Third Floor Chronicles
December 25th, 2012
Everything changes. This is a truth we will all come to know. How they change concerns me. Time is an ally or a foe-whichever we choose. Preservation is up to the spectator. If you are watching changes and don’t like the way things are going, you better make a move to improve. If not, failure belongs to you.
Everyday the sun rises and the moon glows. While this regularity persists change is still happening. Nearly a decade ago, I visited a local church on a Sunday morning. During the service a member of the clergy was delivering a speech. As she spoke her hair piece dangled, her clothing seemed a bit awkward, even the look in her eye seemed strange. It was unsettling.
As I peered up at the pulpit, she began to talk about changes.
“You’re probably thinking, why she is looking like that. Why is she dressed that way?
You don’t know but. YOU WILL. Why is she talking like that? You don’t know but. YOU WILL.”
She could have very well been talking about the person, behind me, in front of me, or beside me. Somehow, I knew she was speaking to me. I was transfixed by the dangling hairpiece and was really asking myself each of those questions.
Beyond the confines of the church, she was a stranger. But as they say, “She ain’t never lied.”
I have seen a number of physical changes of my own since then. My cousin and I talked about going to the gym, and even signed up. We both went once. My pouch has began to blossom. If I don’t want to become an official kangaroo, the gym membership had better become active quickly. Inaction is just as much a choice as taking care of business.
My hair isn’t as thick as it was a decade ago. The mass of tight coils that once resembled a dark bush as dense as broccoli is becoming a memory. I see subtle strands of grey they stand out like lint against my dark hair and chestnut skin. My skin dries on a cold day, far quicker than it ever had. As Otis Redding would say, “Change is gonna come. Oh yes it is.”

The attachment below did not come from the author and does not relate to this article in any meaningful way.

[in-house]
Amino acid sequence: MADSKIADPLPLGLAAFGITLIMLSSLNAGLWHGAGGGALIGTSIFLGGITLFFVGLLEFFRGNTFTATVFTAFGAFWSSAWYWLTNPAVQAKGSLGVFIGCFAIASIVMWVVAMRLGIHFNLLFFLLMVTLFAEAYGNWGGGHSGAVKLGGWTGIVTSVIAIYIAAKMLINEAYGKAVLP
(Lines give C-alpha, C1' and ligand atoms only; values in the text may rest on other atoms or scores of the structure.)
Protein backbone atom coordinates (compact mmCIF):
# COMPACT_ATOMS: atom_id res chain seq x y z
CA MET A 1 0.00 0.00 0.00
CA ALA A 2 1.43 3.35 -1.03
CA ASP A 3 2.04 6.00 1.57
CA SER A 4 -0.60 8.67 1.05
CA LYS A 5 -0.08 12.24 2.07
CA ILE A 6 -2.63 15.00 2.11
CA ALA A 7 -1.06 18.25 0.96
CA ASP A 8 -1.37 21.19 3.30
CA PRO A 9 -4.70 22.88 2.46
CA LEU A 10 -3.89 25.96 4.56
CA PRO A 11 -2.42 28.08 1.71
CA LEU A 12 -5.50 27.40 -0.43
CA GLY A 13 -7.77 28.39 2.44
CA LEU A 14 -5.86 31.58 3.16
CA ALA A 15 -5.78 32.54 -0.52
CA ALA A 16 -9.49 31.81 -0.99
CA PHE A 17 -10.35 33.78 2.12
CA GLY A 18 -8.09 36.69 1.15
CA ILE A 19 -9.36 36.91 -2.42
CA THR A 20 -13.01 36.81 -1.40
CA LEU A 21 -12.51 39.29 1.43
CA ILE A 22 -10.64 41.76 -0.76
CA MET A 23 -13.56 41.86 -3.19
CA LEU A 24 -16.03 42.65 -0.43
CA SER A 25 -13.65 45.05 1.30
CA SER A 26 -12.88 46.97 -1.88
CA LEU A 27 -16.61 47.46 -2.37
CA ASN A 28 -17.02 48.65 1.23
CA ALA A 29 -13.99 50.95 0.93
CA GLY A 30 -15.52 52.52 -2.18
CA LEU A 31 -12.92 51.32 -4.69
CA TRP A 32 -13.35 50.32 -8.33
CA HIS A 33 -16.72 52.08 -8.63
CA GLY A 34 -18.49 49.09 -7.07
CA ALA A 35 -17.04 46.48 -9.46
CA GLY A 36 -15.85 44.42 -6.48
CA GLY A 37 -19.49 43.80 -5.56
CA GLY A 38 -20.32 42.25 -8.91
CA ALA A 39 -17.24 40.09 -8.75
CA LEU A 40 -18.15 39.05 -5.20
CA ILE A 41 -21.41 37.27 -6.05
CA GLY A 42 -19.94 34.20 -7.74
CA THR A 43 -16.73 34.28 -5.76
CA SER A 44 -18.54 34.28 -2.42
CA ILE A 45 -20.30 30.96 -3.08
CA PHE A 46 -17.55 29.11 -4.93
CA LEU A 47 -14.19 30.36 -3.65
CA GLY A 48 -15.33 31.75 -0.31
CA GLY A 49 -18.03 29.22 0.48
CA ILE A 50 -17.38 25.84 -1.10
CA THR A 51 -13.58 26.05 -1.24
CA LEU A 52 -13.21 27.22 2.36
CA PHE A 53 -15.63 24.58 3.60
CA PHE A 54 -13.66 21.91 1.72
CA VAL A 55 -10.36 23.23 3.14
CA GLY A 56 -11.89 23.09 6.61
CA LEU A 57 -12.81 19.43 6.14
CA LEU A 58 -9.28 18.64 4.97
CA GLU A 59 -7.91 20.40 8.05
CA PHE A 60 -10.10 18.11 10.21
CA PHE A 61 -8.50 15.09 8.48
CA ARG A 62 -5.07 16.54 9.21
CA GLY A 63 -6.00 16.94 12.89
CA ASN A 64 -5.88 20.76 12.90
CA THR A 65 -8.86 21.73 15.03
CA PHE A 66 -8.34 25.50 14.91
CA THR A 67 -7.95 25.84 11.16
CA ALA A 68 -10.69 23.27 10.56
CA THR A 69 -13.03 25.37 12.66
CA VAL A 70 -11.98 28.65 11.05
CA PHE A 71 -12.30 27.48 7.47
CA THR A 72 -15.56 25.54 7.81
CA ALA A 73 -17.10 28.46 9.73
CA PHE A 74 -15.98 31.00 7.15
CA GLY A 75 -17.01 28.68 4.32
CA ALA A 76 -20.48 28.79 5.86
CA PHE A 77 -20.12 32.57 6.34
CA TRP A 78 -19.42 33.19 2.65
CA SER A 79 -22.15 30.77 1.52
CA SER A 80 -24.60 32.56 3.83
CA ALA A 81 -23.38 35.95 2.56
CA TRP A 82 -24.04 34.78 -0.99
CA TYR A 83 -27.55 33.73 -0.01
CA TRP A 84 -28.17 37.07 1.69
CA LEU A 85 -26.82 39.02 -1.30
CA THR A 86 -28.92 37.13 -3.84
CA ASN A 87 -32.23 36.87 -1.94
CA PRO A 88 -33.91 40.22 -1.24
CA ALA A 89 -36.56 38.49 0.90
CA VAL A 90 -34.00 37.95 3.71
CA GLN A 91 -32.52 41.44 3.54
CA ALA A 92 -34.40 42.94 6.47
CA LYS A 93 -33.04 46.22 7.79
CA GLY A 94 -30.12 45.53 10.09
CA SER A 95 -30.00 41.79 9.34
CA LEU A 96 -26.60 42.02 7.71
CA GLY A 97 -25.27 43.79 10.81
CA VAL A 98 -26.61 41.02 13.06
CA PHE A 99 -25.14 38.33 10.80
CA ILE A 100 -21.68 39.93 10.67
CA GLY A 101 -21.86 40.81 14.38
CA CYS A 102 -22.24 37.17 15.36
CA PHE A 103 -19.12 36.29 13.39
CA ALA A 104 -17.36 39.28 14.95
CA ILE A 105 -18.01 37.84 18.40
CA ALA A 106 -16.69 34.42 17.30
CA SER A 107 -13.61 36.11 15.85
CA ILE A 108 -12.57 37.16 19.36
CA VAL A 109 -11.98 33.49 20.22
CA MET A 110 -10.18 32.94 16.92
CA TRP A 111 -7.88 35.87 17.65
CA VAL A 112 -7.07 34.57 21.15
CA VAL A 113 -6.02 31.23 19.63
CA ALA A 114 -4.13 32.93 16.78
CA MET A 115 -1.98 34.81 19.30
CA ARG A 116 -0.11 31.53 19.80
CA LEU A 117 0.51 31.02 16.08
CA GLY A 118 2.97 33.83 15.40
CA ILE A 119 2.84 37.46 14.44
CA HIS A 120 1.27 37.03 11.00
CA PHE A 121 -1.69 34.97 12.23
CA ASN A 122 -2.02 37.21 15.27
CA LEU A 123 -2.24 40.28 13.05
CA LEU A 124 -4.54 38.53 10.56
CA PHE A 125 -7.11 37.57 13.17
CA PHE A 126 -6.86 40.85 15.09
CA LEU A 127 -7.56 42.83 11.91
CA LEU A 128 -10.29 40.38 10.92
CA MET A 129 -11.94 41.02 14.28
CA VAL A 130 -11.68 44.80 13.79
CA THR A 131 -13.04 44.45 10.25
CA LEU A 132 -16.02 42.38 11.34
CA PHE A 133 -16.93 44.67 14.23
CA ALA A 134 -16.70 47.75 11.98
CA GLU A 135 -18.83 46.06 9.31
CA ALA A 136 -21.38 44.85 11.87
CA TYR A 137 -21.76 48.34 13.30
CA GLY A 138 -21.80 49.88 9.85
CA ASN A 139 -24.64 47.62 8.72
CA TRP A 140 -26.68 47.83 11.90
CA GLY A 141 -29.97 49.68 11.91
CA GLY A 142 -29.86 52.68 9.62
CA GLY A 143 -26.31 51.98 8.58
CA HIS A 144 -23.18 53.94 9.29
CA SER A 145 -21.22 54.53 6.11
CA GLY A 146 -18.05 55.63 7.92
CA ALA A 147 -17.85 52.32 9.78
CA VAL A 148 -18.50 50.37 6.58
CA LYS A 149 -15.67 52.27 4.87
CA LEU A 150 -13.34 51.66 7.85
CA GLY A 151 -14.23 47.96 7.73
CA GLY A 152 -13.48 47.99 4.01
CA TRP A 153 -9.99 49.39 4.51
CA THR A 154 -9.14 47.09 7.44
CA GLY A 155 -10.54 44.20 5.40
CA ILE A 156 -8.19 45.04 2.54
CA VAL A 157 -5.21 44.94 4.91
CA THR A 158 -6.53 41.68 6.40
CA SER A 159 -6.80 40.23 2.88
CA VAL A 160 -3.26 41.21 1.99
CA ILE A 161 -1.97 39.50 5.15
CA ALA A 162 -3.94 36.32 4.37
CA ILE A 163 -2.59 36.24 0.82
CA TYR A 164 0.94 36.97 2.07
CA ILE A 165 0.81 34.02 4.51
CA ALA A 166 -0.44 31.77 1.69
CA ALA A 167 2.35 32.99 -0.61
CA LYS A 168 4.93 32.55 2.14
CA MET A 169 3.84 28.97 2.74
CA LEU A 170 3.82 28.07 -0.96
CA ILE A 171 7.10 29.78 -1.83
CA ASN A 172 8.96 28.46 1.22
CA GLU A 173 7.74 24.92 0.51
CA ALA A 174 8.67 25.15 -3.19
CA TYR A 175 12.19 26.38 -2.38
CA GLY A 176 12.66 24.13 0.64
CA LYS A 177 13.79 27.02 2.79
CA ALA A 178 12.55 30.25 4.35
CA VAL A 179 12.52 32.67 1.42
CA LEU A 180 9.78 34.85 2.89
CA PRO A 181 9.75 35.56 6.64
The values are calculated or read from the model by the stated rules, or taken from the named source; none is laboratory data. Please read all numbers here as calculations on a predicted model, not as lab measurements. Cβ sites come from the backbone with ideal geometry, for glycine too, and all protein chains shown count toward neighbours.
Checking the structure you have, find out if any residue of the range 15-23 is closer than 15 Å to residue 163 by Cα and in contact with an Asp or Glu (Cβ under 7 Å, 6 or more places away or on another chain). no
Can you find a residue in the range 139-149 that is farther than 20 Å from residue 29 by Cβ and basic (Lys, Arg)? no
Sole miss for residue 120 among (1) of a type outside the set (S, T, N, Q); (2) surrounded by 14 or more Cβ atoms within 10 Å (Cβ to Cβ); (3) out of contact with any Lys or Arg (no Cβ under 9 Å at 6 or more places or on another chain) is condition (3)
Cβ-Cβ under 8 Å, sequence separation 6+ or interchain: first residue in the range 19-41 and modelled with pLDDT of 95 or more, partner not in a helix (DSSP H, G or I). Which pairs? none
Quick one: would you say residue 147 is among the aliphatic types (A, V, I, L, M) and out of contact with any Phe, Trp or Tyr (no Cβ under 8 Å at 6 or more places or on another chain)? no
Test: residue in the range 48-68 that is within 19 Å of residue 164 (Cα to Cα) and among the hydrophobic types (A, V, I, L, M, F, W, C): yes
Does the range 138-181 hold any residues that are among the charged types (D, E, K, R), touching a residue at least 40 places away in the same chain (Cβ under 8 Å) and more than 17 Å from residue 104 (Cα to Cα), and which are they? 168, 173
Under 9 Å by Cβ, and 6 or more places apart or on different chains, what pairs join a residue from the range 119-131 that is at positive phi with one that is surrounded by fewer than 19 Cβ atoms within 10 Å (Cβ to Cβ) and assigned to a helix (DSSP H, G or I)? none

I remember in the late eighties walking up 125th Street in Harlem, NY basking in the multitude of vendors from various African countries. I could get a bracelet from Mali, amber from another country, fabric from Nigeria, earrings from Senegal-wherever. Seeing streets with names like Adam Clayton Powell Boulevard (born in New Haven, CT where I too was born), Malcolm X Boulevard, and Langston Hughes Place, fortified me in way that Connecticut had not.
I would walk past Lenox Lounge with a quiet knowing of how the greatest performers shared their gifts in that space and imagined the electricity flowing within every square foot. It was beautiful. Harlem was my cup of cocoa- it warmed me with each sip on hot or cold day. It had been no more cliché than water. To me it was vital. And still is.
The Lenox Lounge is closing December 31, 2012, according to The Grio and The New Yorkd Times . I never thought it would happen. But I do now. I never imagined that what was built on the labor some of the most gifted Black Americans and added to depth of America itself, would come to an end. But I do now.
Every time I get off the train, coming in from New Haven, I am acutely aware of the change that is taking place in Harlem. Like it or not Gentrification is stepping in like a giant dinosaur, in many cases closing small business and in others simply crushing history.
I can’t help thinking that somewhere there is a group of Native Americans going, “We could have told you it was going to happen.”
The questions are: how do we prepare to protect ourselves from those who plan to live not along with us, but instead of us? How do we establish solid ground in a shaky economy? How do we trust ourselves and truly band together economically? When will these questions become cliché and not ideas tossed about for way too long?
I do not own a home or any substantial property. I will. The one thing I will always have regardless of America’s fluctuating economic chart is my dignity. My hair has thinned. But it is mine.